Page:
|Call of Cthulhu LCG | Published 04 February 2011||Rating||15 votes|
The first of the incidents, in which it is thought an attempt to bury something was frustrated, occurred a year ago last March, and has been attributed to bootleggers seeking a cache. It is possible, says Sergt. Riley, that this third affair is of similar nature. Officers at the Second Station are taking especial pains to capture the gang of miscreants responsible for these repeated outrages.
- H.P. Lovecraft, The Case of Charles Dexter Ward.
I have to be honest about this. Syndicate is my personal favorite faction. While it may have something to do with the number of criminal anti-heroes that have their operations on the periphery of society (where the dark mythos forces also lurk), or the speakeasies where deals are done under the enjoyment of bootleg liquor, the main reason is just one card: Panic (Core Set, F77.)
When I started playing, this is the card that drew my immediate attention. I always like quick, straightforward strategies and even though Panic doesn’t have a permanent effect on the board, often it’s enough to commit to three stories, resolve them unopposed and win the game before there ever is another chance for characters to restore. There are some inconveniences though: When going up against high skill, it can cost a lot for Panic to be effective, and the Loyal keyword means that you’ll have to be very invested in Syndicate to make it work consistently.
That, and you can only carry three copies of Panic. Fortunately, the upcoming Perilous Trials Asylum Pack brings you another option, in a do-or-die package called Gang Warfare (Perilous Trials, F38) that gets rid of Loyal but introduces a few challenges of its own.
First of all, it asks you to sacrifice a criminal character, preferably one with high skill. Those are few and far between. Your only real options are Tyler Scindere (Whispers in the Dark, F15) or Elite Hit Squad (Secrets of Arkham, F13). Aside from those you can take a random criminal and urge him to Get On Yer Feet! (Core Set, F78) – and promptly kick him down again by sacrificing him in the Gang Warfare. Life just isn’t fair sometimes.
Another trick is to take a character with natural high skill, then frame him using False Papers (The Path to Y'ha-nthlei, F106). It wasn’t like you were planning to keep that Basilisk (Sleep of the Dead, F96) around for long anyway, so, that’s a win/win situation, right?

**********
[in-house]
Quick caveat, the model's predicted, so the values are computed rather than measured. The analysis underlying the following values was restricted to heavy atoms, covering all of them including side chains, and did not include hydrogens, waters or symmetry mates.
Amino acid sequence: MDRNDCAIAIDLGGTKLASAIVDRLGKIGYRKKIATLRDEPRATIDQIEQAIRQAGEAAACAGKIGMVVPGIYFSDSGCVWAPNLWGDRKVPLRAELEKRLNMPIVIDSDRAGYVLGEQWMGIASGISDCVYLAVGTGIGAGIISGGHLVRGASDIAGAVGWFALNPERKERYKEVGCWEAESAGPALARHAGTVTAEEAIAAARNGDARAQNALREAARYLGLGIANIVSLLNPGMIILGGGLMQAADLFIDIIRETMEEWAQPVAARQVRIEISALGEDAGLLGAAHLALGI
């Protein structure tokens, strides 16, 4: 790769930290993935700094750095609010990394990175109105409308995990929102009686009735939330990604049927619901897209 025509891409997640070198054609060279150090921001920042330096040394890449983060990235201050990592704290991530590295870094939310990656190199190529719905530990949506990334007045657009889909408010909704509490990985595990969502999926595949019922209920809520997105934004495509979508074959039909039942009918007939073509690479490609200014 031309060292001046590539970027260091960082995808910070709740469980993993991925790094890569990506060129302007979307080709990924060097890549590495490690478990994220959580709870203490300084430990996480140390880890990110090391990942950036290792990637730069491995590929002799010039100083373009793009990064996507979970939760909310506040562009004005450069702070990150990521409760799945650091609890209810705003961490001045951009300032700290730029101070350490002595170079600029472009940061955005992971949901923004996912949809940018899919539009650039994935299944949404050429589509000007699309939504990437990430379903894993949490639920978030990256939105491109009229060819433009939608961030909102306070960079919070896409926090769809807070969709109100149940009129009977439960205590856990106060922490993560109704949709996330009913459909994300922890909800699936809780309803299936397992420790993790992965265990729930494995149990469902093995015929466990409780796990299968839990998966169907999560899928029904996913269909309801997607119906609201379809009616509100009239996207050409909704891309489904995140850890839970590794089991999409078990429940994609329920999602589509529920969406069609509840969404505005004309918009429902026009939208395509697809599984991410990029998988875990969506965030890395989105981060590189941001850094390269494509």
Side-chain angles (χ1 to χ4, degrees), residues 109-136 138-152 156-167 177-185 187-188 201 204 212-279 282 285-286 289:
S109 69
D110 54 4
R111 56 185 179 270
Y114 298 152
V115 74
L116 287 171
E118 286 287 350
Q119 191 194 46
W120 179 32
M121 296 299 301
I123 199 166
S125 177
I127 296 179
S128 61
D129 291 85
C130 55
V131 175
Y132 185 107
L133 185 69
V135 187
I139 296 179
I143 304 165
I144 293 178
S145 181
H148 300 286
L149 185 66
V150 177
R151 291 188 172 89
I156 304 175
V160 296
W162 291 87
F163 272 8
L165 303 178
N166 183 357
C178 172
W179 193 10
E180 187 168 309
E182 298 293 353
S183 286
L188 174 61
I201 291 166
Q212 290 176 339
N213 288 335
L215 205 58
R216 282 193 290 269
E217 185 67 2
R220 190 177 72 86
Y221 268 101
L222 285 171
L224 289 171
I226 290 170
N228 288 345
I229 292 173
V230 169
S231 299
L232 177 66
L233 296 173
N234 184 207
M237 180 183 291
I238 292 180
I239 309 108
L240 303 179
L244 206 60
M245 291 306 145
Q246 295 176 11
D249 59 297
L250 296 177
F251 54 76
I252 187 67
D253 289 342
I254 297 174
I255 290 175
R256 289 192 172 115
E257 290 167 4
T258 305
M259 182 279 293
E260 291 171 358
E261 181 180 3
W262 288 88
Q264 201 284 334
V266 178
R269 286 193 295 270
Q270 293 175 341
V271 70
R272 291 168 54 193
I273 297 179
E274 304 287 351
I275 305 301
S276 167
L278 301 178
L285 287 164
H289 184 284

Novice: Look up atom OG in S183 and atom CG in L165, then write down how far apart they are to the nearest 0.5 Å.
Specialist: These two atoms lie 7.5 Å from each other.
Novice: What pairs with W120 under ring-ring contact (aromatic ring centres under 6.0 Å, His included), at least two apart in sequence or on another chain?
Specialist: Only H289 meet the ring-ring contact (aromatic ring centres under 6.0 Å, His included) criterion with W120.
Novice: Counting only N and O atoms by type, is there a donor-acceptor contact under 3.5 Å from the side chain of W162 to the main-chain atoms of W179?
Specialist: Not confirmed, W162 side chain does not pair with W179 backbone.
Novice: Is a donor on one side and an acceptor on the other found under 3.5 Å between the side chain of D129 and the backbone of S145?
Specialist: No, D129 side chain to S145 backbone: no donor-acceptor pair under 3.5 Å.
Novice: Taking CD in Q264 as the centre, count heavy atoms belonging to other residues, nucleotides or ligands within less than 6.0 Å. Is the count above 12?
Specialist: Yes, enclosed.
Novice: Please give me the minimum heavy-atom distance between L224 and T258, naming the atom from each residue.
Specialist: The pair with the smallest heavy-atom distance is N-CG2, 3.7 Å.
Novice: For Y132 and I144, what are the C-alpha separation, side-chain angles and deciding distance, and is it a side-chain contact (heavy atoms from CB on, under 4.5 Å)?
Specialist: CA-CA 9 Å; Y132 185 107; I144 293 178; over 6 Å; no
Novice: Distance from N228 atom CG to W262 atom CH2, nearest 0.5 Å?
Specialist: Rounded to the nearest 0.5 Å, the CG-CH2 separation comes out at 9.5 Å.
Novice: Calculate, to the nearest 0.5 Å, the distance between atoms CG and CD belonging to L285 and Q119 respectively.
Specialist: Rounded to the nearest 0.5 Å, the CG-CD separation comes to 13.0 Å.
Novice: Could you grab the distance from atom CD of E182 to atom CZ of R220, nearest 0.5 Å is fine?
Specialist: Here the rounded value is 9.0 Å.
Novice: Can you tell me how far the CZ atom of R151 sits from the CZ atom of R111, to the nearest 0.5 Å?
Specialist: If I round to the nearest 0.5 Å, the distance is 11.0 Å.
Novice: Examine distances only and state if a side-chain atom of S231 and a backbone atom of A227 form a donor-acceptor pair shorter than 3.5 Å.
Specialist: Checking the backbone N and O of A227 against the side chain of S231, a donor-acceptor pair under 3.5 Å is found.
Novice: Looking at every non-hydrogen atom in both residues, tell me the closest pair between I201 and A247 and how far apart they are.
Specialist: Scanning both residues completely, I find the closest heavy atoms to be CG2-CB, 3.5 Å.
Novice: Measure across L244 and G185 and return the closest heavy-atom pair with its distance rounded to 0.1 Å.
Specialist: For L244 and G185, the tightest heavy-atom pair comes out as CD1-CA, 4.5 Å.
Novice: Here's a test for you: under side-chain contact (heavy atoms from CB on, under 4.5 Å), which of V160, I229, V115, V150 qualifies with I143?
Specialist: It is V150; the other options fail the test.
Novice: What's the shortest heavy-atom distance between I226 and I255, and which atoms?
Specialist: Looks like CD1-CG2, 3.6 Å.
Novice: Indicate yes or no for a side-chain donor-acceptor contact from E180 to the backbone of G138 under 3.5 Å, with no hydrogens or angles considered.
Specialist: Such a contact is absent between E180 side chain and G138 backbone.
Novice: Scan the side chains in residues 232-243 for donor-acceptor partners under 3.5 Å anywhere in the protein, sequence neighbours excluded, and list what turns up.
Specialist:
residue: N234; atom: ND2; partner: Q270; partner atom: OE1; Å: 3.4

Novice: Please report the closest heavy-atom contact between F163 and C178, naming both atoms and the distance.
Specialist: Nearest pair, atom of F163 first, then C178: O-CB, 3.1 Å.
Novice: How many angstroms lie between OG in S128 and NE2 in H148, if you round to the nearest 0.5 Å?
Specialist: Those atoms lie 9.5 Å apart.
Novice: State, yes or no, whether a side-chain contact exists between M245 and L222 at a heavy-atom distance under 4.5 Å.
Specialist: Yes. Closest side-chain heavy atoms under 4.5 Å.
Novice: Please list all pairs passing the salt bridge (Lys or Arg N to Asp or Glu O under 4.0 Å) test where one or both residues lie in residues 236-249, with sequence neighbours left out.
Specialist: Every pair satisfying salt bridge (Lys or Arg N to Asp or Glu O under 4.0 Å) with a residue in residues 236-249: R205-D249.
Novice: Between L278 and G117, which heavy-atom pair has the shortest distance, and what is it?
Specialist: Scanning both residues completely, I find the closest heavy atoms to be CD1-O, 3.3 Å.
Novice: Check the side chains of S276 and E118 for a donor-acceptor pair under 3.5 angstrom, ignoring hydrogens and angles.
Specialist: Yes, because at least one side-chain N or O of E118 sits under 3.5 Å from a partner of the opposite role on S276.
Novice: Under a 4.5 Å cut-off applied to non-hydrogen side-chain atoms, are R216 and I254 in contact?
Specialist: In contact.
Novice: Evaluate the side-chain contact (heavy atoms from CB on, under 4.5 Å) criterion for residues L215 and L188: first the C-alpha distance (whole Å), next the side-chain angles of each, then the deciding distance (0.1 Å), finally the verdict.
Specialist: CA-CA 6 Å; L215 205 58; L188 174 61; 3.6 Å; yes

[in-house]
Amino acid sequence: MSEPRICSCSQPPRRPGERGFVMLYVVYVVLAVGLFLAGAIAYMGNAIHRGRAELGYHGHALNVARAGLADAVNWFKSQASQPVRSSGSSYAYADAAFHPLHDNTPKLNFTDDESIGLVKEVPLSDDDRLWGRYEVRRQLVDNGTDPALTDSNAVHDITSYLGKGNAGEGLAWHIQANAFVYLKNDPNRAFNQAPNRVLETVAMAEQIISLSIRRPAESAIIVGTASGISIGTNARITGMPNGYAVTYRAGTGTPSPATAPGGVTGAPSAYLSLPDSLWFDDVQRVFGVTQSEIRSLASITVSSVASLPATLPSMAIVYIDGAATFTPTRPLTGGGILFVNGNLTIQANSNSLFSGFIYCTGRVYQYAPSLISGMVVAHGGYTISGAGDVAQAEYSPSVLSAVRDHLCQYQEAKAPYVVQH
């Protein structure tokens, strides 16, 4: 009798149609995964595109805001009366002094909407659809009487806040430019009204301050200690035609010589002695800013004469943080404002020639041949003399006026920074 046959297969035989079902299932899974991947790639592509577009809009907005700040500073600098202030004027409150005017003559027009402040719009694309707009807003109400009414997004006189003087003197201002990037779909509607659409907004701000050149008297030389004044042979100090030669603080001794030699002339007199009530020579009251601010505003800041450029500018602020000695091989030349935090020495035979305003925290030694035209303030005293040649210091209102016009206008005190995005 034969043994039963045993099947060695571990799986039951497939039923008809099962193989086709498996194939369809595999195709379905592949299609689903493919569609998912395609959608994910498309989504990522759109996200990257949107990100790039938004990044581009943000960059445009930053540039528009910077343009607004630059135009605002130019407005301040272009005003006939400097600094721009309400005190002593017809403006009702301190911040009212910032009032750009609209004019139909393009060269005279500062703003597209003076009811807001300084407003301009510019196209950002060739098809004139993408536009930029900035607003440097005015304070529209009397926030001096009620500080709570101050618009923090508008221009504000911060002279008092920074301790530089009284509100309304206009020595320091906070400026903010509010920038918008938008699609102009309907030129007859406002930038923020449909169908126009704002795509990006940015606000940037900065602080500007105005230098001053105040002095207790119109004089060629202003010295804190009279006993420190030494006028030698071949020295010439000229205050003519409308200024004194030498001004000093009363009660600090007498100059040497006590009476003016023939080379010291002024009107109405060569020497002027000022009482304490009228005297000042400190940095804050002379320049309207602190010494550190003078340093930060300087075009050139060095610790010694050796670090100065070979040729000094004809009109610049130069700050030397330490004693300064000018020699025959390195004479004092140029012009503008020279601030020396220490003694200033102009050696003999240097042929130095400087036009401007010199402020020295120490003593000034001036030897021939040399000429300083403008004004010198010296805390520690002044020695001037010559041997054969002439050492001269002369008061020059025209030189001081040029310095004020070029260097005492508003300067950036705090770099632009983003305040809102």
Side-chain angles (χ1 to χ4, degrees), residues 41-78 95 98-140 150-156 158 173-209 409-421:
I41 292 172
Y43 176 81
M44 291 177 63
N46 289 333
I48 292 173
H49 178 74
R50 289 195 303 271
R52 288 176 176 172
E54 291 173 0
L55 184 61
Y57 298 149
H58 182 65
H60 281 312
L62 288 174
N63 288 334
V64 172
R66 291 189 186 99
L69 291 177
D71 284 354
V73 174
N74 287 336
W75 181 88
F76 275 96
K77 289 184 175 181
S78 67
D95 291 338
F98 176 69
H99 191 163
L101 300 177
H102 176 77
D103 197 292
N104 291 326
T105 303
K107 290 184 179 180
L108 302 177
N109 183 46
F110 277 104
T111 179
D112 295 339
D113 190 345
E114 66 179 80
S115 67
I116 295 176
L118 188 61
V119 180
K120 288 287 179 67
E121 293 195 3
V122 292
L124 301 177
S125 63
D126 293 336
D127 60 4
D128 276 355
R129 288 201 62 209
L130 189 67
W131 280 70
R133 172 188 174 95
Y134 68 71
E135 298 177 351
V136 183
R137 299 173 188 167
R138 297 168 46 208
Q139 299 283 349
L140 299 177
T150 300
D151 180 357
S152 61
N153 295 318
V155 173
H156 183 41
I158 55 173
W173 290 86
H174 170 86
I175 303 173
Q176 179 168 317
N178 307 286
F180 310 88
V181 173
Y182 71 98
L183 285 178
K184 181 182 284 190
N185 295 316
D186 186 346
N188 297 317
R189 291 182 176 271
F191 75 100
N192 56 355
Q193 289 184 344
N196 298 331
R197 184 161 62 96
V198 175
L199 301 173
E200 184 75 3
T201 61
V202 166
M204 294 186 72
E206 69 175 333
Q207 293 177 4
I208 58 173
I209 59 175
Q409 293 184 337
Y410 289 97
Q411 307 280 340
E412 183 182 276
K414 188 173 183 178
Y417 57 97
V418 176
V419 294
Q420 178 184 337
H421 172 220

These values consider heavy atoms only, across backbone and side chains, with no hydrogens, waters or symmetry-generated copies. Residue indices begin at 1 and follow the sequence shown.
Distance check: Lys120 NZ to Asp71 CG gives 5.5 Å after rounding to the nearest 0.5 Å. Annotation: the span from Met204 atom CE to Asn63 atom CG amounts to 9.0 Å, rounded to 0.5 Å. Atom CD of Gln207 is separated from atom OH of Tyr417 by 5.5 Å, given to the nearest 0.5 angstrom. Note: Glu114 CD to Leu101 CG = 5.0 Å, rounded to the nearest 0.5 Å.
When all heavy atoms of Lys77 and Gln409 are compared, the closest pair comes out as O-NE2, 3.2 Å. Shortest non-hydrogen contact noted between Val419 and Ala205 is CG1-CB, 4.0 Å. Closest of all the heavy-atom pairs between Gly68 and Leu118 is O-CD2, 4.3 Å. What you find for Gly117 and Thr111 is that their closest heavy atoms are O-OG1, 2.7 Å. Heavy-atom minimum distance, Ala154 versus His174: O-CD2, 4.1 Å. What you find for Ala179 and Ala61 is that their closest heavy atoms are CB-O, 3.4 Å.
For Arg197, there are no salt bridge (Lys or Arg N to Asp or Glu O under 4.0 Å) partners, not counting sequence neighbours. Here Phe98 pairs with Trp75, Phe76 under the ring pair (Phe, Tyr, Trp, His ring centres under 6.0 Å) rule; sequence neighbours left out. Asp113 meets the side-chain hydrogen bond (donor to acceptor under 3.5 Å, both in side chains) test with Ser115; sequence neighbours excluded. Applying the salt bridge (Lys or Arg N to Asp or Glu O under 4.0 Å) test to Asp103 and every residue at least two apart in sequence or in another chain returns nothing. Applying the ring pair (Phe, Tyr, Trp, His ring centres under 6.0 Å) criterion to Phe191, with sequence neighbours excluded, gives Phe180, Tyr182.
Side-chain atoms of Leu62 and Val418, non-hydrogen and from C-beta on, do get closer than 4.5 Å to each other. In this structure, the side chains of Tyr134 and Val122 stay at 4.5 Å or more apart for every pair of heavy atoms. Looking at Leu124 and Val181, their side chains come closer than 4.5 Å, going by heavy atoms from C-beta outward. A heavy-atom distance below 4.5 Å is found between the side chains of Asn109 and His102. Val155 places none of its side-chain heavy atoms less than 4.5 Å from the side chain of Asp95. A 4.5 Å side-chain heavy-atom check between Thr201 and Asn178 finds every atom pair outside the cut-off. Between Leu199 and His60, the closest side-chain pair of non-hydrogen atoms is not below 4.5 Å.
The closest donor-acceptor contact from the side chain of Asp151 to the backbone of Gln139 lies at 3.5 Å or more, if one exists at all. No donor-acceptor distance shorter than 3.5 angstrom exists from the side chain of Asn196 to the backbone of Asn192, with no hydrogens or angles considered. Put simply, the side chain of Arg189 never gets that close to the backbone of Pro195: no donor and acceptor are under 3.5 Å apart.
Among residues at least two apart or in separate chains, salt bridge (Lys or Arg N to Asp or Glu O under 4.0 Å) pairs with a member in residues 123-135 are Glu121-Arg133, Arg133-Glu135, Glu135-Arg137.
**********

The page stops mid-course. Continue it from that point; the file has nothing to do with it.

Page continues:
Or you can use the standard ability of Syndicate to lower the skill of other characters, and use a criminal with medium skill as bait in your evil plan. Syndicate Liaison (Core Set, F68) is a good example. After exhausting the highest skilled opposing character, he pretty much outlives his usefulness, so no one will miss him.
Your final challenge is timing. While Panic can be played at your convenience, you have to play Gang Warfare during your operations phase. Since Syndicate isn’t quite known for high skill, this means most of your characters will be exhausted before you can enter the story phase to capitalize on an empty field. Freelance Photographer (Core Set, F72) is easy to ready and Legacy of Ramses (Core Set, F80) most certainly works, but the best trick is just to play a few characters after you used Gang Warfare.
When things start to stagnate, and two opposing forces just stare angrily at each other, this is your chance to break through and score the final tokens, by running unopposed. Just be very careful: If you fail, it’s likely you’ll get the short end of the stick. But if you’re true to the ideals of the Syndicate, you aren’t afraid of a little high stakes gamble. Time to go all in.
Based on the fiction of H.P. Lovecraft and his literary circle, Call of Cthulhu: The Card Game takes two players deep into the Cthulhu Mythos where investigators clash with the Ancient Ones and Elder Gods for the fate of the world. The Living Card Game format allows players to customize their gaming experience with monthly Asylum Pack expansions to the core game.
Oh snap! Now this is an offer that will be very hard to refuse...